Today crocuses were in full bloom beneath the very same Linden tree.

Sweetheart Swirl Rep Runners by RepWeaver
Sweetheart Swirl Rep Runners

If you guessed the next version of Rep Swirl would be red and white, you were right. Sweetheart Swirl seemed the best description for this color-way  The runner with an alternating block order suggests heart shapes to me. Only one runner is woven in the alternate way, but the others are perfectly evocative of Valentines and hearts, too. Red is great for any time of year because it is my favorite color.

Happy Valentine’s Day!
Sweetheart Swirl Rep Runners showing two different block arrangements
 and both front and reverse coloring

Warp On/Weave Off,


Saturday, January 28, 2017

Starry Night Swirl

Starry Night Swirl Rep Runners

It’s always slightly sad when Christmas is over and our decorations are back in storage. Each year the whole process of “taking down Christmas” is a hurdle. At least getting a start on the process is tough. But then, once begun, I warm to the task.

After Christmas with all its red and green, I turn to blue for January. To me blue means cold weather, starry nights and Epiphany. In January we change our kitchen tablecloth to blue with sparkly blue snowflakes.

Planning my second rep swirl warp, I naturally turned to the color blue. The Yuletide Swirl runners seemed too tightly sett at 48 e.p.i. At least that was my opinion of them at the time. For the second warp I backed off and chose a sett of 40 e.p.i. Consequently, these runners are slightly wider than the previous ones, measuring 8” wide. You can see a slightly thicker and contrasting floating selvedge, a recent idea that still appeals to me.

January blue tablecloth with sparkly snowflakes
Starry Night Swirl Table Runner
The runners from this warp made me happy so I decided to weave the design again in another color way. Perhaps you can guess which colors I chose for the next warp. Look for details soon.

Detail of Starry Night Swirl showing red floating selvedge

Tatted snowflakes hang from antique fretwork

In keeping with the January theme, tatted snowflakes hang from a fretwork panel in our home. The fretwork came from my great grandparents’ Minnesota home where it once hung above the doorway between their dining room and parlor. But that was in the day before Mother was born and before the house was reconfigured. At least three generations occupied that house over the years. For my entire childhood the fretwork panel remained stuffed in the back of a storage shed. After my grandmother died, the fretwork came into my mother’s possession. When Mom and Dad moved into a retirement home a few years ago it came to us. I am so grateful to have this memento of generations past. After several nights' work to clean and refinish it, we hung it between our dining room and "parlor" where it fits perfectly and is the best place to hang tatted snowflakes.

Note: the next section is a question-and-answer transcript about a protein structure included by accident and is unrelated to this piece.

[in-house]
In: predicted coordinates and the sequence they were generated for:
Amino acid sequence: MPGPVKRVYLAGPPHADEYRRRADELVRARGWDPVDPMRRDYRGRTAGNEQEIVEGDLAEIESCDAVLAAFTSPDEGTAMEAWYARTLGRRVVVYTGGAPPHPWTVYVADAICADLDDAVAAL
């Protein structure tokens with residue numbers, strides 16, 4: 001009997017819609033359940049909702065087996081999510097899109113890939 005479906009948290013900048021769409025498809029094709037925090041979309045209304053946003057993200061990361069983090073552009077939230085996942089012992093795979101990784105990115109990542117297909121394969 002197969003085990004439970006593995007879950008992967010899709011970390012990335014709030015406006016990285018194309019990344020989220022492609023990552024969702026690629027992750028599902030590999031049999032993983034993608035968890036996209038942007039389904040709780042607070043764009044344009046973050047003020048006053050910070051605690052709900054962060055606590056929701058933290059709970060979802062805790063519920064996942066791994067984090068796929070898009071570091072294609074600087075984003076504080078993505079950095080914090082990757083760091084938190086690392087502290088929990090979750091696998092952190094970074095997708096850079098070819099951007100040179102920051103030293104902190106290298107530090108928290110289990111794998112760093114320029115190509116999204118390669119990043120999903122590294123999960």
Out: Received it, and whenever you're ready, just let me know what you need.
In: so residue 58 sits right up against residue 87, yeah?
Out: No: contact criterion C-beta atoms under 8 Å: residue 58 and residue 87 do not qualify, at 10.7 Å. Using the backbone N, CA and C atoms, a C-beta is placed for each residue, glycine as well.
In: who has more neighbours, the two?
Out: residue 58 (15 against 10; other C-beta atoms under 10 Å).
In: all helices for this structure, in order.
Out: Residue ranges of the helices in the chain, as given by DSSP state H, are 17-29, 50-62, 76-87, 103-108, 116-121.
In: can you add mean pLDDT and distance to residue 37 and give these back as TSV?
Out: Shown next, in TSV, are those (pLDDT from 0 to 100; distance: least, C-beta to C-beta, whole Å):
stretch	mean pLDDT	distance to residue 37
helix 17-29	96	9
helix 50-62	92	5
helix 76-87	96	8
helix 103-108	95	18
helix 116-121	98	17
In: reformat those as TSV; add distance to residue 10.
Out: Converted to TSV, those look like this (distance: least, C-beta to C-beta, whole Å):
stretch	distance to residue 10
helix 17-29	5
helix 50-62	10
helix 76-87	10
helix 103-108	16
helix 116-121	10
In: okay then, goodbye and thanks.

My current tatting project

Most usually I have a tatting project in the works. As it is quite small and portable, tatting is the easiest kind of handwork to carry along to meetings. Here I am at work on a tatted bookmark with a center twist. I have a way to go on this one. You will find the pattern for it on the designer Jon Yusoff's blog here:
Ancient nub of sewing beeswax next to a new block

Do you remember my mention of the little bit of ancient beeswax I use when hemming? Here it is in all its glory. After 45 years of constant use it is now quite small. Once it was the size of the plastic holder on which it rests. That bright green rubber band keeps the slightly broken holder together. My sweet husband bought me a fresh bar of beeswax. But this little old nub of wax carries a lot of sentimental value. I wonder if it might last longer than I do.

A couple of weeks ago my husband brought the latest plague, an especially nasty cold, home from work. Naturally, he shared it with me. The timing was bad. Back in September I signed up for a workshop with Kelly Marshall. It was scheduled for this past week and for the 10 days prior, I’d been knocked off my game by the bug. Next time I’ll let you know how it went.

Stay warm out there on these cold, starry January nights. Soon it will be February!

Warp On/Weave Off,

Tuesday, January 17, 2017

Rep Swirl - Yuletide Swirl

Having woven all those Rep Weave coasters it occurred to me to try a denser sett using 8/4 cotton carpet warp. Over the years my favorite sett for carpet warp has been 24 e.p.i. For this first attempt I tried 48 e.p.i, two ends per heddle for a working sett of 24 e.p.i.

Yuletide Swirl Rep Runners
Inspiration for the design came from a larger design found in the book Rep by Catharina Carlstedt and Ylva Kongbäck. I adapted a small section from the draft called “Tiger Blue” (page 84) that caught my eye and made it into a table runner.

These colors are pleasing, reminding me of Christmas cards from a bygone era, the 1950’s perhaps. And while they are red and green, they don’t necessarily shout “Christmas”.